Extended-Sample Mode Example Configuration . . . . . . . . . . . . . . . . . . . . . . . . . . . . . . . . . 17-27
Extended-Sample Mode Example Timing . . . . . . . . . . . . . . . . . . . . . . . . . . . . . . . . . . . . . . 17-27
Use of MSC Bit With Nonrepeated Modes . . . . . . . . . . . . . . . . . . . . . . . . . . . . . . . . . . . . . . 17-28
Use of MSC Bit With Repeated Modes . . . . . . . . . . . . . . . . . . . . . . . . . . . . . . . . . . . . . . . . . 17-28
Equivalent Circuit . . . . . . . . . . . . . . . . . . . . . . . . . . . . . . . . . . . . . . . . . . . . . . . . . . . . . . . . . . . 17-29
A/D Grounding and Noise Considerations . . . . . . . . . . . . . . . . . . . . . . . . . . . . . . . . . . . . . . 17-41
Double-Operand Instructions . . . . . . . . . . . . . . . . . . . . . . . . . . . . . . . . . . . . . . . . . . . . . . . . . . . B-4
Single-Operand Instructions . . . . . . . . . . . . . . . . . . . . . . . . . . . . . . . . . . . . . . . . . . . . . . . . . . . . B-5
Conditional and Unconditional Jump Instructions . . . . . . . . . . . . . . . . . . . . . . . . . . . . . . . . . . B-5
Decrement Overlap . . . . . . . . . . . . . . . . . . . . . . . . . . . . . . . . . . . . . . . . . . . . . . . . . . . . . . . . . . B-26
Main Program Interrupt . . . . . . . . . . . . . . . . . . . . . . . . . . . . . . . . . . . . . . . . . . . . . . . . . . . . . . . B-46
Contents
B–6
B–7
B–8
B–9
B–10
B–11
C–1
C–2
C–3
C–4
C–5
C–6
C–7
C–8
C–9
C–10
C–11
Destination Operand—Arithmetic Shift Left . . . . . . . . . . . . . . . . . . . . . . . . . . . . . . . . . . . . . . B-47
Destination Operand—Carry Left Shift . . . . . . . . . . . . . . . . . . . . . . . . . . . . . . . . . . . . . . . . . . B-48
Destination Operand—Arithmetic Right Shift . . . . . . . . . . . . . . . . . . . . . . . . . . . . . . . . . . . . . B-49
Destination Operand—Carry Right Shift . . . . . . . . . . . . . . . . . . . . . . . . . . . . . . . . . . . . . . . . . B-51
Destination Operand Byte Swap . . . . . . . . . . . . . . . . . . . . . . . . . . . . . . . . . . . . . . . . . . . . . . . B-58
Destination Operand Sign Extension . . . . . . . . . . . . . . . . . . . . . . . . . . . . . . . . . . . . . . . . . . . . B-59
Interconnection of Flash Memory Module(s) . . . . . . . . . . . . . . . . . . . . . . . . . . . . . . . . . . . . . . C-2
Flash Memory Module1 Disabled, Module2 Can Execute Code Simultaneously . . . . . . . C-3
Flash Memory Module Example . . . . . . . . . . . . . . . . . . . . . . . . . . . . . . . . . . . . . . . . . . . . . . . . . C-4
Segments in Flash Memory Module, 4K-Byte Example . . . . . . . . . . . . . . . . . . . . . . . . . . . . . . . . .
C-5
Flash Memory Module Block Diagram . . . . . . . . . . . . . . . . . . . . . . . . . . . . . . . . . . . . . . . . . . . C-6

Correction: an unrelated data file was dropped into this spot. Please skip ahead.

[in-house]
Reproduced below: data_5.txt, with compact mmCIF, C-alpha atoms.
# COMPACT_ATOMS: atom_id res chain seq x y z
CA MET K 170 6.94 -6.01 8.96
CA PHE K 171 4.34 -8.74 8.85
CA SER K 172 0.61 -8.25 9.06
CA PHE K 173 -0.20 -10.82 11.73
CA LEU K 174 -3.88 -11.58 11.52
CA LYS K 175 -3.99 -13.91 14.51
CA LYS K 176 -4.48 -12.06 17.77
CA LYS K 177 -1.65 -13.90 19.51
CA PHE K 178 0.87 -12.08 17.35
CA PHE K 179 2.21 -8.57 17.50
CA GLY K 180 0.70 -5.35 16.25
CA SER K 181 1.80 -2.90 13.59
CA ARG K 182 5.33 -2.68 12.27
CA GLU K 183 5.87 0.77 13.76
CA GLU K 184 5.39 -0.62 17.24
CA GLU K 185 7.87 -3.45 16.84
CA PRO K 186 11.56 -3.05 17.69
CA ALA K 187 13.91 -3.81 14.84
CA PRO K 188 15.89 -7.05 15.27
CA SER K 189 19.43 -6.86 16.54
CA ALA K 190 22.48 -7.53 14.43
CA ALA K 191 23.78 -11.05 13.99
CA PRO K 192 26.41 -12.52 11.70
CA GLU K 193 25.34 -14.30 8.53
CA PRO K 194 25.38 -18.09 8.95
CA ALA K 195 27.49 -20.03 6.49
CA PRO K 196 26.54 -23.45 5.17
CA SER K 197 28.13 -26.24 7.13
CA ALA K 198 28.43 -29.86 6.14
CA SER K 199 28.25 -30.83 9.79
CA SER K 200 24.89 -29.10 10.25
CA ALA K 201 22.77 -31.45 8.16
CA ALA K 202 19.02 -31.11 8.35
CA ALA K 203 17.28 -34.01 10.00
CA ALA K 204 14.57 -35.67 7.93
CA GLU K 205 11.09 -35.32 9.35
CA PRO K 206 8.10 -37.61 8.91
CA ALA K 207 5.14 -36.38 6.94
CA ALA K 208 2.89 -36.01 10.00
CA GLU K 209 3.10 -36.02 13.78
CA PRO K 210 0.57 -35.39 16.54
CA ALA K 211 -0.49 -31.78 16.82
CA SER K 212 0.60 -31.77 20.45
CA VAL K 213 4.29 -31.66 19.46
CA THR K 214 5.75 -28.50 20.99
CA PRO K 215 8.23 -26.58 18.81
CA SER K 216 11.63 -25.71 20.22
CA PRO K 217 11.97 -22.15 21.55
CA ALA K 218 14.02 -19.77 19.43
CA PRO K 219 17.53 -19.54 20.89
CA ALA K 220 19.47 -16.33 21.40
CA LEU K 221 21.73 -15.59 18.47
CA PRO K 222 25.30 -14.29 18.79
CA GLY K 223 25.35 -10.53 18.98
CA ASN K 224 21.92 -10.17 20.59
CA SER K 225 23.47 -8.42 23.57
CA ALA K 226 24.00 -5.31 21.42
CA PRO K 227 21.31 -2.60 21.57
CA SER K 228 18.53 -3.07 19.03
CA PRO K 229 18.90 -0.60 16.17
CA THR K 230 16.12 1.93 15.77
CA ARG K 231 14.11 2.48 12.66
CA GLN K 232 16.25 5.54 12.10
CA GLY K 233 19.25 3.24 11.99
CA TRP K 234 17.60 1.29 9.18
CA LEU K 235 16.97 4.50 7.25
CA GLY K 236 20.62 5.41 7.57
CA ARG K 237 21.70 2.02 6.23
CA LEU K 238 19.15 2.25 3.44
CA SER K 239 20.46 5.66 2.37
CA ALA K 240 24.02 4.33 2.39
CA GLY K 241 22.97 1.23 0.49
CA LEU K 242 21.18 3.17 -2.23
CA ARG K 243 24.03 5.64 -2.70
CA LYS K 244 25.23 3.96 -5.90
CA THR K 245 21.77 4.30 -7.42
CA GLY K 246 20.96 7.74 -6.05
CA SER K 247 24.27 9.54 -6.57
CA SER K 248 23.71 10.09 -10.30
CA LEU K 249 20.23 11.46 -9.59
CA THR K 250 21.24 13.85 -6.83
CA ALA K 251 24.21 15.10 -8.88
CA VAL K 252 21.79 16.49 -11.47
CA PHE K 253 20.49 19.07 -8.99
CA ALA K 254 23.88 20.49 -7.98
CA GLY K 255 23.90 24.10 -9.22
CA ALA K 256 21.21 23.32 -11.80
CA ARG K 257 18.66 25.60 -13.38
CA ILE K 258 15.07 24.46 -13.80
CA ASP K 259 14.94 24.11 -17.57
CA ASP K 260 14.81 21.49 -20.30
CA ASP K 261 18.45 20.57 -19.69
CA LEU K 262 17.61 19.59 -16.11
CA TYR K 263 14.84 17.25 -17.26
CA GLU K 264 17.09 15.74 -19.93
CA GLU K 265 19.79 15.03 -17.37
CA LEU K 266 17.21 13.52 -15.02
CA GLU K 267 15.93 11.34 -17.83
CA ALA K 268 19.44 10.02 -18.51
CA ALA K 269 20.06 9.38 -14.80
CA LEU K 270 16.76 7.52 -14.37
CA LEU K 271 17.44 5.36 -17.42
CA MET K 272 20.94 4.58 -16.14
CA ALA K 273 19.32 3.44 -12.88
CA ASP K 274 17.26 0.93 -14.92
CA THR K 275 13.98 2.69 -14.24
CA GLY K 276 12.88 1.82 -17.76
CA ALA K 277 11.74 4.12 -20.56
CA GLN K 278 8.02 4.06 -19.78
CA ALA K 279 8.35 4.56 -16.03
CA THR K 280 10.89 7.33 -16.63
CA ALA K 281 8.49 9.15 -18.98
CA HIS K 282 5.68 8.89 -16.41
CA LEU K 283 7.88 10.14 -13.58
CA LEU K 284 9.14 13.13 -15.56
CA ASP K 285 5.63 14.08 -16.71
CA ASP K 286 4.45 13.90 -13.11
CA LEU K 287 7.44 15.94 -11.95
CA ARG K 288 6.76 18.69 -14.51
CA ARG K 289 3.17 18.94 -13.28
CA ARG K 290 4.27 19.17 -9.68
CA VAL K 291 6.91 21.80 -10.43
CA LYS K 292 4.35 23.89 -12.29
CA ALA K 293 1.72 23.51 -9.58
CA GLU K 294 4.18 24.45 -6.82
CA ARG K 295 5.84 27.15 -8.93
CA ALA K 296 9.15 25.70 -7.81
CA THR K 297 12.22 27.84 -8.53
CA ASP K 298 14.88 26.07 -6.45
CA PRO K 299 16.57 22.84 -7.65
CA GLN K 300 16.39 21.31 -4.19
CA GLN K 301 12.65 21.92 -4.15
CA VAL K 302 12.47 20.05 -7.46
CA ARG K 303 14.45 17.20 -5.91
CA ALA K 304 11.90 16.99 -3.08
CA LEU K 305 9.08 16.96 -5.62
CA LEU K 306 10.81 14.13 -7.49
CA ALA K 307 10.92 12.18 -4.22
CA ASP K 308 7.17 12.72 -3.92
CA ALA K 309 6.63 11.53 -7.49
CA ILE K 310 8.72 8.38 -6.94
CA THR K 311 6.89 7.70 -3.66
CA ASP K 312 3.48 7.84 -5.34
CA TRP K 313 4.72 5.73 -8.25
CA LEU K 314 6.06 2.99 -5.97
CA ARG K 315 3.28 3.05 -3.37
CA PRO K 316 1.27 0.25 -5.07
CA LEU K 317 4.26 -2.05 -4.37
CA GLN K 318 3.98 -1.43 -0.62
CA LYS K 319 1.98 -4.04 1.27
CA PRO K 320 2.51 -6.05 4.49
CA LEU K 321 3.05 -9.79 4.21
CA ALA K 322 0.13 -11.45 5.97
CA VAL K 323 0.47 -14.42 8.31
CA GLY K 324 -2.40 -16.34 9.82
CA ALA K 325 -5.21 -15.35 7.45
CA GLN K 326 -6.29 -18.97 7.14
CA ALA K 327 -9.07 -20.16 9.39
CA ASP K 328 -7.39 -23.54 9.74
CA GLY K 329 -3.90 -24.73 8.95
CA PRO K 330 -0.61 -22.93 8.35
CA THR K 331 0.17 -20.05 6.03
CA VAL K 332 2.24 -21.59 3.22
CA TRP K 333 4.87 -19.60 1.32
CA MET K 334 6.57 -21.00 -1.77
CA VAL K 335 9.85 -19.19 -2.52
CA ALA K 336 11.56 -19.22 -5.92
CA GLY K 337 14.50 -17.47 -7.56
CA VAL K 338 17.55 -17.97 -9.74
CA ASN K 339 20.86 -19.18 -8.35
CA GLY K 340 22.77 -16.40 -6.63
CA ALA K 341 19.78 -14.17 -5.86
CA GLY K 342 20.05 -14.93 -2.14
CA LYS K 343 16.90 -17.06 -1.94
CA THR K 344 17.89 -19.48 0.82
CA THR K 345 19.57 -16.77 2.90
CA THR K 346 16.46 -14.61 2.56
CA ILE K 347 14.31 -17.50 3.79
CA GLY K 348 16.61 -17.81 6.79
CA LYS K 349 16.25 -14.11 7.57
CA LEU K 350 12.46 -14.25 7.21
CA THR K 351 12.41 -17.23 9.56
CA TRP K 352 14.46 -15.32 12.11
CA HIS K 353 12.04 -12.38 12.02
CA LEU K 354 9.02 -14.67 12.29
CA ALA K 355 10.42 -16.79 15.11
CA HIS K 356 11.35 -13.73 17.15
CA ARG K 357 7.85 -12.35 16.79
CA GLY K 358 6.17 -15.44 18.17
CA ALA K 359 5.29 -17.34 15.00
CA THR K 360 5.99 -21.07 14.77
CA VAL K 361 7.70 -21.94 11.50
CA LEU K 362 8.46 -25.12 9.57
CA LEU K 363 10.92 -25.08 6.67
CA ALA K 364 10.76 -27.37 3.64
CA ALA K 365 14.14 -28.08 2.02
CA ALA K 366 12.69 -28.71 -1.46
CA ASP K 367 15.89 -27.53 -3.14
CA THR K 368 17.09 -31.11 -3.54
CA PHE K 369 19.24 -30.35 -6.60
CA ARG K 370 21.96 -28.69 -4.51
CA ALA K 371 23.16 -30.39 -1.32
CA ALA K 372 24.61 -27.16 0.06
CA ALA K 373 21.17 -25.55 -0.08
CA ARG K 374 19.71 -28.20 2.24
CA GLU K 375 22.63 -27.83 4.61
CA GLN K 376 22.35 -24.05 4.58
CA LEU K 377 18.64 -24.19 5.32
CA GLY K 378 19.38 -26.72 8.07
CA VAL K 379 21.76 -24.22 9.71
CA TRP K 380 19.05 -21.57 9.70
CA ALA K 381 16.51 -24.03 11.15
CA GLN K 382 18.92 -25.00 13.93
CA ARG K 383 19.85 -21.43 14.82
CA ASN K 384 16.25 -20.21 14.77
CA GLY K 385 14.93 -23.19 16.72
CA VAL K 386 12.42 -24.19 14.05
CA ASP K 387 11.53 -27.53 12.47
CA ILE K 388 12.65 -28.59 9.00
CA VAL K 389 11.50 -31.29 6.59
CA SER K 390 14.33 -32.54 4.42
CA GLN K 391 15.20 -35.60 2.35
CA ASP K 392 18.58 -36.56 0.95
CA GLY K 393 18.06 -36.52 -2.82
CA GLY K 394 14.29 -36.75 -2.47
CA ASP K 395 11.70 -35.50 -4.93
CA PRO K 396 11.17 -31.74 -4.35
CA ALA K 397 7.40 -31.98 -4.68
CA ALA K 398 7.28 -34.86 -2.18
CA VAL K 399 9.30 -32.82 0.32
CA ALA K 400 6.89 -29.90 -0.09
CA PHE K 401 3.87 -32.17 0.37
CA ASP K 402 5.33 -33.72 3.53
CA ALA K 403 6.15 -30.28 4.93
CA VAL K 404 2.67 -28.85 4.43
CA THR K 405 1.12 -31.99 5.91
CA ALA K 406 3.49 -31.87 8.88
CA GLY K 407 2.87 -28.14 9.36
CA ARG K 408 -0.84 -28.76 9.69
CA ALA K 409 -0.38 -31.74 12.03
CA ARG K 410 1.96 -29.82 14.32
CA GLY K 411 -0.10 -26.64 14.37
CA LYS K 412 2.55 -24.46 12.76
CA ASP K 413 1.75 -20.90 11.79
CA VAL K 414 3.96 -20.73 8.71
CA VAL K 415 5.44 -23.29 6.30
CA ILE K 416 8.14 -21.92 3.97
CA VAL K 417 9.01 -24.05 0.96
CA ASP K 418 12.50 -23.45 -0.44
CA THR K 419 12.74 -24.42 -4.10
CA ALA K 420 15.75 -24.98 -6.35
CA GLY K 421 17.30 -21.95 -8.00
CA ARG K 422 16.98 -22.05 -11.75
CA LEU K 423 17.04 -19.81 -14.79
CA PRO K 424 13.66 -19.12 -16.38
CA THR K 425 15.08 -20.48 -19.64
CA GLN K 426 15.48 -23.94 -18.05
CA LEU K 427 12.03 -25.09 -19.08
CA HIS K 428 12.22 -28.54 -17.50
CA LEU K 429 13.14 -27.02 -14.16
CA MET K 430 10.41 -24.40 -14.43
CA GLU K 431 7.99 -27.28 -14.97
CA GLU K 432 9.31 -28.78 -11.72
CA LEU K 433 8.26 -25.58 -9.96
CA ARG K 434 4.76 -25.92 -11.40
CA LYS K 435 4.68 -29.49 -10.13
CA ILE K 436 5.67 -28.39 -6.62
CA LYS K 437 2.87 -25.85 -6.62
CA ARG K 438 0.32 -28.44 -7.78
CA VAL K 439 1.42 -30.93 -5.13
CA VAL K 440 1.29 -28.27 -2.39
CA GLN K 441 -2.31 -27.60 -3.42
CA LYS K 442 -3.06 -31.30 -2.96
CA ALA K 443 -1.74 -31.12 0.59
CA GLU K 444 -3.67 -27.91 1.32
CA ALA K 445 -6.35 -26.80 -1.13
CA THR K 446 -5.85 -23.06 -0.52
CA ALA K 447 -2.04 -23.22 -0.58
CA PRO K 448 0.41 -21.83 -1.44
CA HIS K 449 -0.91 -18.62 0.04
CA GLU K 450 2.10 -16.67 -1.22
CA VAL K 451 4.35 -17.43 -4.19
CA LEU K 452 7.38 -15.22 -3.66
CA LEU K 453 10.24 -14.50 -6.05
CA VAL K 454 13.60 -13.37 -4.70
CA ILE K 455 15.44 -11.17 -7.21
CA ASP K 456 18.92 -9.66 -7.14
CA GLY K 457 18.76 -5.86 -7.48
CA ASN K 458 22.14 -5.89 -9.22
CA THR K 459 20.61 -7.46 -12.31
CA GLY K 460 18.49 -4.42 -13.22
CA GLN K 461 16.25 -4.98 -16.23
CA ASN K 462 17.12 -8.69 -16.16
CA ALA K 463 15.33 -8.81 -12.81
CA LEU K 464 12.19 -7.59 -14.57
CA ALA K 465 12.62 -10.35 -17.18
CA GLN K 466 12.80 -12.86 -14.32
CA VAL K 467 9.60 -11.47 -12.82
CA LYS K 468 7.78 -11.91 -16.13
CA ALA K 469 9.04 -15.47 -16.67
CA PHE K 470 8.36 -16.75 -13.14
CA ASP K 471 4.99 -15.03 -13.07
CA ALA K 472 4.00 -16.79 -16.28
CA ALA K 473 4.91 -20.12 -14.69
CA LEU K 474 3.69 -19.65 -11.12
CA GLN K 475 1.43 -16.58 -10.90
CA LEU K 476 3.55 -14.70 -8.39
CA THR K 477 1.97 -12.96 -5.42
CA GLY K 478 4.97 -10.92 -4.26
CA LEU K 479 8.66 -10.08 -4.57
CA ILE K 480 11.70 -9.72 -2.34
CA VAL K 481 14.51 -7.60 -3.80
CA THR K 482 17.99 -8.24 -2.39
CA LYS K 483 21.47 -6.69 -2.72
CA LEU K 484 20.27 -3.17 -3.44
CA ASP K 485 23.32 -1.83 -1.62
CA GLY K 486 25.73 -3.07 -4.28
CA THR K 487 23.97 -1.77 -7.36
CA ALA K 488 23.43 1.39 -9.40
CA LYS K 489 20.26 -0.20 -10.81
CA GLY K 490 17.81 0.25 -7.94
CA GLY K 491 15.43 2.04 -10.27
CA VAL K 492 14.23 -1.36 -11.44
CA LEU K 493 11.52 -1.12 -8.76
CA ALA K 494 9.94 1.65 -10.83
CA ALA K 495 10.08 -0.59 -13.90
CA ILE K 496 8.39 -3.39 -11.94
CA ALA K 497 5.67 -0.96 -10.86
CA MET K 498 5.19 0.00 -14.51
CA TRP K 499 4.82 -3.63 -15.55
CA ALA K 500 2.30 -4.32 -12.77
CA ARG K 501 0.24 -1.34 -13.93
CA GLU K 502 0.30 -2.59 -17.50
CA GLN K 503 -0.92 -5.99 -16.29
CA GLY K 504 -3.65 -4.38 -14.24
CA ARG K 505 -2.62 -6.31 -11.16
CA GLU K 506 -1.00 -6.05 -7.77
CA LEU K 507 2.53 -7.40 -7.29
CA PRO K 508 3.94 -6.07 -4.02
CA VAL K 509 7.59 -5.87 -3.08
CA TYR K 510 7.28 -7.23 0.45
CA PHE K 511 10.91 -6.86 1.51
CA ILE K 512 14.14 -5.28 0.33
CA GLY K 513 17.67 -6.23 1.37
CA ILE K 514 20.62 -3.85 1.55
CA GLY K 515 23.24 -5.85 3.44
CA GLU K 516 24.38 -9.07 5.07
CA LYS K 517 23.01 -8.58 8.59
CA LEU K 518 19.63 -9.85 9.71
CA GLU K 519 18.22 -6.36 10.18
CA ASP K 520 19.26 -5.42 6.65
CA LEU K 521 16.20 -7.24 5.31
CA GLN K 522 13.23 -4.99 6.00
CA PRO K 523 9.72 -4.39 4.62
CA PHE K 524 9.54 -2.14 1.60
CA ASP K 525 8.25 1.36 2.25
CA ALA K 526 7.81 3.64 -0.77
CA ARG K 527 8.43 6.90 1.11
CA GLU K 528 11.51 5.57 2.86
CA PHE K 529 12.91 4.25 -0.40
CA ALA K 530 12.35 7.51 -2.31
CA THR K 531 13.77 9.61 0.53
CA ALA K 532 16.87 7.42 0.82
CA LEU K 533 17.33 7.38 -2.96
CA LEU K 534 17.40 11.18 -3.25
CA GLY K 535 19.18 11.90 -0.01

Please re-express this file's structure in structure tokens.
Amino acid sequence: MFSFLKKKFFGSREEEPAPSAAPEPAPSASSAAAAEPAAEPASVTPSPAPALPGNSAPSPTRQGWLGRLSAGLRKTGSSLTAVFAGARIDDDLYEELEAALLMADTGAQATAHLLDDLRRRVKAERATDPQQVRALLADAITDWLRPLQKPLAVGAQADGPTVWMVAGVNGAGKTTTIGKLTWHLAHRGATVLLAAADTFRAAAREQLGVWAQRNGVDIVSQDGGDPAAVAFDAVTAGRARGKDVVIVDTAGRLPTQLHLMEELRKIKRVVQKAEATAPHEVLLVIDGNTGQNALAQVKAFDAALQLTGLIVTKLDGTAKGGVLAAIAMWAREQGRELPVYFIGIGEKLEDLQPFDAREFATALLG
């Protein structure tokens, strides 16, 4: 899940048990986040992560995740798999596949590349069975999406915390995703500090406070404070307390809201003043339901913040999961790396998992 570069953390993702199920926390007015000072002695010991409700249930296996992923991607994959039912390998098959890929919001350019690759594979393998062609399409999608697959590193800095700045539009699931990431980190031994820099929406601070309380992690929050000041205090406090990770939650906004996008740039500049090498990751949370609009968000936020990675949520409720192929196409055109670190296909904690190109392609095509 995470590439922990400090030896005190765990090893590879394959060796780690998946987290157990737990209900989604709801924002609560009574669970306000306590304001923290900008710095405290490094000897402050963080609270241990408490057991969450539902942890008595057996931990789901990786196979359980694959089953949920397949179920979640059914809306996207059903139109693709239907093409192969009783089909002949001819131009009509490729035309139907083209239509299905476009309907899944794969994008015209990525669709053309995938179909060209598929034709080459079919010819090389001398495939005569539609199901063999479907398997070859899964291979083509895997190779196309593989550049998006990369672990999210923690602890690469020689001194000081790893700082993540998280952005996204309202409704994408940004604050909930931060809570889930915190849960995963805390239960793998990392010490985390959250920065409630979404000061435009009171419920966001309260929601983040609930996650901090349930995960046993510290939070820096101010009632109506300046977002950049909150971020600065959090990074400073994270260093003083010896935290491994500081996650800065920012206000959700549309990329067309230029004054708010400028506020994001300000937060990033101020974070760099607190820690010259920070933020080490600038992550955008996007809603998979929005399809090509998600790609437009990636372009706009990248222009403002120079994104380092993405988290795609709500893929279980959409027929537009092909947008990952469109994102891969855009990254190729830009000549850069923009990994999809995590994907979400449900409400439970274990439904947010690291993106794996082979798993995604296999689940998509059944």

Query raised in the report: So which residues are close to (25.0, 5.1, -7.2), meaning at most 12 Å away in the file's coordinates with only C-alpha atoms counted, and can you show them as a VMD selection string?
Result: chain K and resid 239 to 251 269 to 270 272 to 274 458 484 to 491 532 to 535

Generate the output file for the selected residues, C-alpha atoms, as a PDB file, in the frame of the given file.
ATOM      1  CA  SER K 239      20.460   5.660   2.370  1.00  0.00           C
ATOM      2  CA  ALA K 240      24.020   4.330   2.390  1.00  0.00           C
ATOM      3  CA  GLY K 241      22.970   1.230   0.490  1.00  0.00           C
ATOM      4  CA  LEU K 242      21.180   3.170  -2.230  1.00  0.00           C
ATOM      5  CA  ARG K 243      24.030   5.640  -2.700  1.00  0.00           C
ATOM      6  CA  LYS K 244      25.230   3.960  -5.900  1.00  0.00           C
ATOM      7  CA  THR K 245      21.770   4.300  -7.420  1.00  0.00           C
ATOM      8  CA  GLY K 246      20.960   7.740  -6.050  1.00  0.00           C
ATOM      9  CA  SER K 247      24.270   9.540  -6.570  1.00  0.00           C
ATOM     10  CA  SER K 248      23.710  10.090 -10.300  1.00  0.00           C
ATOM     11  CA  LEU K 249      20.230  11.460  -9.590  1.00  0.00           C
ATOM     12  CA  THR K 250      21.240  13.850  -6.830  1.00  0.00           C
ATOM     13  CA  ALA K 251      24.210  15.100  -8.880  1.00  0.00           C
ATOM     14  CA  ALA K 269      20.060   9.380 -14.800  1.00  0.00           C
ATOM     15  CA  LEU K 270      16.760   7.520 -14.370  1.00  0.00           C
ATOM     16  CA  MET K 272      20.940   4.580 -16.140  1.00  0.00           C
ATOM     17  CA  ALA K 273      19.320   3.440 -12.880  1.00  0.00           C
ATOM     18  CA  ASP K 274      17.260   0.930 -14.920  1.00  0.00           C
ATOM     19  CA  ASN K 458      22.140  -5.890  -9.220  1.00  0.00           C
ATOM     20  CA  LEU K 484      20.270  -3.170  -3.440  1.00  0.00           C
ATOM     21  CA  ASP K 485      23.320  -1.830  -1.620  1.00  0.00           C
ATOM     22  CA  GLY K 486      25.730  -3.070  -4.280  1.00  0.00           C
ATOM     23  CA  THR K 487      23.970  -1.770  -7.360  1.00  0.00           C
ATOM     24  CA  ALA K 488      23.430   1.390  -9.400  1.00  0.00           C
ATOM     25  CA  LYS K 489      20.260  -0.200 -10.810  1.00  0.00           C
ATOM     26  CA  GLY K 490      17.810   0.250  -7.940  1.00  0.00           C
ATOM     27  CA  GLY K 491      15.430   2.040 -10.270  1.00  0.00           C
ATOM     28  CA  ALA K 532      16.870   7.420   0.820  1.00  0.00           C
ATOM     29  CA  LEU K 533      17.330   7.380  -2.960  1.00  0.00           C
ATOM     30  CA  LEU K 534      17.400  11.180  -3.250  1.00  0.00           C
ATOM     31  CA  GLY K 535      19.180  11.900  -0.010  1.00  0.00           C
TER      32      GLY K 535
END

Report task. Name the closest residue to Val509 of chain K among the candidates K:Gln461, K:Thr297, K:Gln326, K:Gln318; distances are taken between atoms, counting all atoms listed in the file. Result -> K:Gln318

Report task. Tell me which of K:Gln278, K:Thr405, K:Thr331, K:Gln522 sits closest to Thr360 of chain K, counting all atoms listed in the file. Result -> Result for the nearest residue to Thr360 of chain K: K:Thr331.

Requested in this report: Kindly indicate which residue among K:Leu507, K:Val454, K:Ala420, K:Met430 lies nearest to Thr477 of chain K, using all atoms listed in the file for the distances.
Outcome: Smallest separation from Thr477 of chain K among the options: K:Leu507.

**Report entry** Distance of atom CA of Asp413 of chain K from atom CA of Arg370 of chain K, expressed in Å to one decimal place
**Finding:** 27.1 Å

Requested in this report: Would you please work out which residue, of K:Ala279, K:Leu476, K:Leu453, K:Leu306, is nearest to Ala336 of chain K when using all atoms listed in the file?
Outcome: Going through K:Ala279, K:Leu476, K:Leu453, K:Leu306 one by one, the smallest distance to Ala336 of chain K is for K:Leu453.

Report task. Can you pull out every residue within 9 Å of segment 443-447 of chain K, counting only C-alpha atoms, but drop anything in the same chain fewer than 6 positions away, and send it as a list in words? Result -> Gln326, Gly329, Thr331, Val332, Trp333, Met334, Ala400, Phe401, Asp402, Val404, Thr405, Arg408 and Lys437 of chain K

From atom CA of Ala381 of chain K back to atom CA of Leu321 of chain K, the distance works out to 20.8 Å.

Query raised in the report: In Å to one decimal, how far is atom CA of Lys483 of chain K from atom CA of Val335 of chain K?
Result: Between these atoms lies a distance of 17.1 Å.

Block Diagram of the Timing Generator in the Flash Memory Module . . . . . . . . . . . . . . . . C-7
Basic Flash EEPROM Module Timing During the Erase Cycle . . . . . . . . . . . . . . . . . . . . . . C-9
Basic Flash Memory Module Timing During Write (Single Byte or Word) Cycle . . . . . . . C-11
Basic Flash Memory Module Timing During a Block-Write Cycle . . . . . . . . . . . . . . . . . . . . C-11
Access Violation (Non)Maskable Interrupt Scheme in Flash Memory Module . . . . . . . . . C-19
Signal Connections to MSP430 JTAG Pins . . . . . . . . . . . . . . . . . . . . . . . . . . . . . . . . . . . . . . C-22
xvii
Contents
Tables
3–1
3–2
3–3
3–4
3–5
3–6
3–7
3–8
3–9
3–10
3–11
3–12
3–13
4–1
4–2
4–3
5–1
5–2
5–3
5–4
5–5
5–6
5–7
5–8
5–9
5–10
5–11
5–12
5–13
5–14
5–15
5–16
5–17
5–18
5–19
5–20
6–1
6–2
7–1
xviii
Interrupt Control Bits in SFRs . . . . . . . . . . . . . . . . . . . . . . . . . . . . . . . . . . . . . . . . . . . . . . . . . . 3-13
MSP340x41x Interrupt Enable Registers 1 and 2 . . . . . . . . . . . . . . . . . . . . . . . . . . . . . . . . . 3-14
MSP430x43x Interrupt Enable Registers 1 and 2 . . . . . . . . . . . . . . . . . . . . . . . . . . . . . . . . . 3-14
MSP430x44x Interrupt Enable Registers 1 and 2 . . . . . . . . . . . . . . . . . . . . . . . . . . . . . . . . . 3-15
MSP430x41x Interupt Flag Registers 1 and 2 . . . . . . . . . . . . . . . . . . . . . . . . . . . . . . . . . . . . 3-15
MSP430x43x Interrupt Flag Registers 1 and 2 . . . . . . . . . . . . . . . . . . . . . . . . . . . . . . . . . . . 3-16
MSP430x44x Interrupt Flag Registers 1 and 2 . . . . . . . . . . . . . . . . . . . . . . . . . . . . . . . . . . . 3-16
MSP430x41x Module Enable Registers 1 and 2 . . . . . . . . . . . . . . . . . . . . . . . . . . . . . . . . . . 3-17
MSP430x43x Module Enable Registers 1 and 2 . . . . . . . . . . . . . . . . . . . . . . . . . . . . . . . . . . 3-17
MSP430x44x Module Enable Registers 1 and 2 . . . . . . . . . . . . . . . . . . . . . . . . . . . . . . . . . . 3-18
Interrupt Sources, Flags, and Vectors of 41x Configurations . . . . . . . . . . . . . . . . . . . . . . . 3-19
Interrupt Sources, Flags, and Vectors of 43x/44x Configurations . . . . . . . . . . . . . . . . . . . 3-20
Low-Power Mode Logic Chart . . . . . . . . . . . . . . . . . . . . . . . . . . . . . . . . . . . . . . . . . . . . . . . . . 3-23
Peripheral File Address Map—Word Modules . . . . . . . . . . . . . . . . . . . . . . . . . . . . . . . . . . . . . 4-8
Peripheral File Address Map—Byte Modules . . . . . . . . . . . . . . . . . . . . . . . . . . . . . . . . . . . . . 4-9
Special Function Register Address Map . . . . . . . . . . . . . . . . . . . . . . . . . . . . . . . . . . . . . . . . . 4-10
Register by Functions . . . . . . . . . . . . . . . . . . . . . . . . . . . . . . . . . . . . . . . . . . . . . . . . . . . . . . . . . 5-2
Description of Status Register Bits . . . . . . . . . . . . . . . . . . . . . . . . . . . . . . . . . . . . . . . . . . . . . . 5-4